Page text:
We need to understand our history as to whether or not a war that would see the loss of all these brilliant young people, divide families, whether or not we can bring some measure of peace, some comfort, some stability.
And I'd venture to say today that we have not. And I say this to the head of Iraq, the leader, Mr. Maliki, for his participation in the ongoing conflict in Iraq, because that is the case.
There is no coming together of the Shiites and Sunnis. There is a cluster of a government that hides in the walls, that does not go out and try to bring peace to the people. And I give you one example, Mr. Speaker, that troubles me over and over again--it is the Iranians who left Iran.
We know the conflicted issues and alliances were all, if you will, misunderstood; old alliances, friends and enemies. We understand that. But this is supposed to be a peaceful nation now, and there are Iranians who fled the despotic Iran, and have become, in essence, enemies of Iran.
They started out in Camp Ashraf. They were called rebels and terrorists. They have now been vindicated, and they're not called that anymore.
But let me tell you what the present government of Iraq allows. They allow, in the camp that was Camp Ashraf that is now Camp Liberty, bombs to go in from the Iraqi soldiers. They allow no medical care to come into that particular camp.
Just yesterday, the Friends of Iran, American Iranians were here, and they had 10 people or more, their faces, who had died in that camp because the government of Iraq, the government that we shed blood for, that we asked to be a peaceful nation, is, in essence, attacking people on their soil who are unarmed, who are not interested in war, who fled because they'd been persecuted.
And they don't allow them to get access to cars, access to hospitals, and so people die from sicknesses because they could not get care.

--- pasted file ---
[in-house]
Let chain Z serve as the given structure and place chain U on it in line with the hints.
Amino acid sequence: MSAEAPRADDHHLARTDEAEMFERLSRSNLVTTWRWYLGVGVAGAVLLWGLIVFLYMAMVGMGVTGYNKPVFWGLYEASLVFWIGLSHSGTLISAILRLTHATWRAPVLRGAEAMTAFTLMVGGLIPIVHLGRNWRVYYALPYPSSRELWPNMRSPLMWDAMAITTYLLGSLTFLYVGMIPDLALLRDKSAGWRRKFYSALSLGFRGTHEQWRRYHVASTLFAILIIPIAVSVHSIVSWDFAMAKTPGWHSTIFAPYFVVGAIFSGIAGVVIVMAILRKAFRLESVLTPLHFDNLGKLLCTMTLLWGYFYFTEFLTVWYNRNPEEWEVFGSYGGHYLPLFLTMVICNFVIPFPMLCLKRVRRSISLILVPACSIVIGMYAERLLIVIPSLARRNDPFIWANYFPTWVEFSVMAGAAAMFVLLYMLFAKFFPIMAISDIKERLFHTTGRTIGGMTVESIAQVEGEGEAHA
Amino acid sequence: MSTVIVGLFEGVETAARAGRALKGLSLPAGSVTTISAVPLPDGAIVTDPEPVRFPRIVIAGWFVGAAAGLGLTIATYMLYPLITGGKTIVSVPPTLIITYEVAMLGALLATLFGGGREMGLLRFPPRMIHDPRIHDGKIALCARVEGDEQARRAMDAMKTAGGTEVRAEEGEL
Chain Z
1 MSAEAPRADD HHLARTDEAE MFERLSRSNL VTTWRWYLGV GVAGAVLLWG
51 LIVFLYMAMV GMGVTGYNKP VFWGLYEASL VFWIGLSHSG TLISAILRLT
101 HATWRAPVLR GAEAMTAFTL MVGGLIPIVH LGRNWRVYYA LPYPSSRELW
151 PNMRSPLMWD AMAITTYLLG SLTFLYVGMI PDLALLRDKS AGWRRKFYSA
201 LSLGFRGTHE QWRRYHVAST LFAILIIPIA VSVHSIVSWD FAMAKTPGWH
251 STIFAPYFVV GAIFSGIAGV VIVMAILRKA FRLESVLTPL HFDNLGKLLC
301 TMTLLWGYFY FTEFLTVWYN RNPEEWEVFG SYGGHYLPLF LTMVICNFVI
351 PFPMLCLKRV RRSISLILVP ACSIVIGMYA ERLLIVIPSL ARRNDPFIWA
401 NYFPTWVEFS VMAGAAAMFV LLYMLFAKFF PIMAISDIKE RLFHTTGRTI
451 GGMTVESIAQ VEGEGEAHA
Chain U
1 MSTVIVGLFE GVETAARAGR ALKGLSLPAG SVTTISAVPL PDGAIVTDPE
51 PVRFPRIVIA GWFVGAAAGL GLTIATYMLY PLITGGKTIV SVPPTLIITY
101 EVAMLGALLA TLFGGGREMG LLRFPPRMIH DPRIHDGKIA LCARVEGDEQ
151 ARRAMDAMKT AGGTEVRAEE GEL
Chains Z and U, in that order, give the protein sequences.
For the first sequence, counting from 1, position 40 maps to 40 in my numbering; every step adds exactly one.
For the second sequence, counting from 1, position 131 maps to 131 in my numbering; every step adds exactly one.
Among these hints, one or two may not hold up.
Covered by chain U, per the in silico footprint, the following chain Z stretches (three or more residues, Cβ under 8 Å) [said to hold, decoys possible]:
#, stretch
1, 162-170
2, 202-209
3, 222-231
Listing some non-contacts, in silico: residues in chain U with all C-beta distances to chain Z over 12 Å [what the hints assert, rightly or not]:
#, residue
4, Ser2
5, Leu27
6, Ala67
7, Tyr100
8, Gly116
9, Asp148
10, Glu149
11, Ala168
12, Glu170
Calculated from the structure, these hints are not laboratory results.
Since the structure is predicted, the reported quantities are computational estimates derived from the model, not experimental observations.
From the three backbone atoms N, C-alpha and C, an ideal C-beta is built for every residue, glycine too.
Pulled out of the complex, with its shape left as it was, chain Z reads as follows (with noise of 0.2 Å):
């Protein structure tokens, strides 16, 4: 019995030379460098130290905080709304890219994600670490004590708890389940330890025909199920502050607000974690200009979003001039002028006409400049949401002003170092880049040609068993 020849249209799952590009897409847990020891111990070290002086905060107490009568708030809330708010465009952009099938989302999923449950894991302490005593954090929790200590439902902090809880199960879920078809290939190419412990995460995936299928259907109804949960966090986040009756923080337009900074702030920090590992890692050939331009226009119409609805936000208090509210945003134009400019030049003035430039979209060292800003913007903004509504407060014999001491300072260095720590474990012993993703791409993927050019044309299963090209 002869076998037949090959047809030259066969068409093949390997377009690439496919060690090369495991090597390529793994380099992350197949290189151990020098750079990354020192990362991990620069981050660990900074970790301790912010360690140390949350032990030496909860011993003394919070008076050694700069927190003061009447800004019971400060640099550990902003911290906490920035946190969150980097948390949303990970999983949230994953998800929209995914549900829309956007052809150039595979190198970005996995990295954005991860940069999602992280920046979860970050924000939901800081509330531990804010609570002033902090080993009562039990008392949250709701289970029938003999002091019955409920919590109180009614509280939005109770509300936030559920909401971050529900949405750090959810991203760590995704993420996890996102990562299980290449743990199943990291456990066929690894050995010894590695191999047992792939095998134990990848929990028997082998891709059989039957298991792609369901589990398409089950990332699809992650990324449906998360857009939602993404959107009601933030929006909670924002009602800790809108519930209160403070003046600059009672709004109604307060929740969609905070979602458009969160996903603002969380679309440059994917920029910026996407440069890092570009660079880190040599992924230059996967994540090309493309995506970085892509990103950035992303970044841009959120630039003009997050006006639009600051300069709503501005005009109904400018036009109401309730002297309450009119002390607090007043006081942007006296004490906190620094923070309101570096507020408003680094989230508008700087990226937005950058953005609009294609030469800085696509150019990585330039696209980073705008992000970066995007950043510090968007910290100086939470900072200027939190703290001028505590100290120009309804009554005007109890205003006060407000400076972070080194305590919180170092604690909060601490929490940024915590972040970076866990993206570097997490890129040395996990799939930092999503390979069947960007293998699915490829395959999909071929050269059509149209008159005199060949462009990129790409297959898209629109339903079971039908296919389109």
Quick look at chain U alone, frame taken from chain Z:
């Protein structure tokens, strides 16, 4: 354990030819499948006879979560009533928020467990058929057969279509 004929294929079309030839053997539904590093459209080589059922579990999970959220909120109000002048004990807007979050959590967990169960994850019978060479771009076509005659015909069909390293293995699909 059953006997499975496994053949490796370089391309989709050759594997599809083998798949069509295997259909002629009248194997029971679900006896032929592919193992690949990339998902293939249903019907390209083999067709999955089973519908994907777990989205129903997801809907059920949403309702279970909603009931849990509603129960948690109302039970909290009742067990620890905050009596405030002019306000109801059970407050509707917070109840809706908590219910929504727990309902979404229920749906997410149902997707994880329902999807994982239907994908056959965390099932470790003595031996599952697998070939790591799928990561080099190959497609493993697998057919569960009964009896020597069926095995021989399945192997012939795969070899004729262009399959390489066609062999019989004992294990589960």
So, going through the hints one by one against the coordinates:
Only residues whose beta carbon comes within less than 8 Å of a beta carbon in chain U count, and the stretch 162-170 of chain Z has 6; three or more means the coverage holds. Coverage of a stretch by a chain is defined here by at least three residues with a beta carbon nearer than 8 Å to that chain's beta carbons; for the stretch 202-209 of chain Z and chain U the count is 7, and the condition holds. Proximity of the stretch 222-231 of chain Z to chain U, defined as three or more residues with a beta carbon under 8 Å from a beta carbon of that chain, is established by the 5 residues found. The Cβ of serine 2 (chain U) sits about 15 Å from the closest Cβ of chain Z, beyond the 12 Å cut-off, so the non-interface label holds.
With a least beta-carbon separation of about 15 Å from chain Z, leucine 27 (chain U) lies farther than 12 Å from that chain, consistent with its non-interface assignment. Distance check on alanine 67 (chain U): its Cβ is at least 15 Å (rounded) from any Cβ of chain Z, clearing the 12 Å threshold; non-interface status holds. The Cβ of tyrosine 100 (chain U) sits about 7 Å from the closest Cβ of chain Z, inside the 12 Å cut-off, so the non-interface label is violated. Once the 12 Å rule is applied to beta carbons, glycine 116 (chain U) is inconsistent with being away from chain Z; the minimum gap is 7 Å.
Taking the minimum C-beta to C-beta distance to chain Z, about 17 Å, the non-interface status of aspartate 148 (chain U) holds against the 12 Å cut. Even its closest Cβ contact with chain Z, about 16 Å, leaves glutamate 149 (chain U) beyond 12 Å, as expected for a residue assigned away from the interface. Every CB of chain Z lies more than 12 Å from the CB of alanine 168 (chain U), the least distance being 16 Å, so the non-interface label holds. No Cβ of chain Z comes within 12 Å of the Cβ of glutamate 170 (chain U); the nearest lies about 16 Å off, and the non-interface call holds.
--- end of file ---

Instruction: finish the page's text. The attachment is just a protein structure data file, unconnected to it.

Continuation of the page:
When we go into battle and send our troops into battle, shouldn't we ask the question of what is the ultimate result?
We understand that democracy in its structure that is here in the United States cannot only be the structure that fits every community, every nation, every faith. But what I would say to you is that we bring one of those C-130s, big C-130s that many of us have rode on to go into Iraq. And I spent many hours there, nothing in comparison, of course, to those who served, but I'm grateful I had the opportunity to go and serve and see those individuals who served, and to sit down with those from Texas and to break bread with them.
When we land one of those C-130s, why don't we know, and shouldn't we know our purpose, our goal, what is our ultimate direction that we would like to see?
Not the dominance of the United States over this nation that we help but to be able to know that they, too, stand for democracy and peace.
I want to thank the gentlelady from California for allowing me to share this time with her, and to say, it's important to remind us of the 10th anniversary, one, to say thank you, for when we land these C-130s and these men and women come out ready for battle, they are wearing our uniform and our flag but, at the same time, we must ask the question, for what? For what results? For what long-range results? For what peace? For we owe that to them.
I ask that we consider those in Camp Liberty and we find relief for them. I thank the gentlelady very much.
Mr. Speaker, I rise in solidarity with my fellow members of the Congressional Progressive Caucus to speak in recognition of the 10th Anniversary of the Iraq war. I want to thank my colleagues, Representatives Lee and Waters for anchoring this Special Order.
On March 19, 2003 President Bush launched invasion of Iraq ten years ago under a cloud of questions about the motivations for the invasion. Today we see the toll of this war on our young military men and women, their families and communities across our nation.
First and foremost, I would like to thank our troops who served in the Iraq war, but more broadly I would like to thank all members of the armed forces for their courage and heroism under circumstances that few of us could imagine. As members of Congress we have, regardless of our view of the wisdom of entering into armed conflict with Iraq, have always stood in strong and unwavering solidarity with our troops.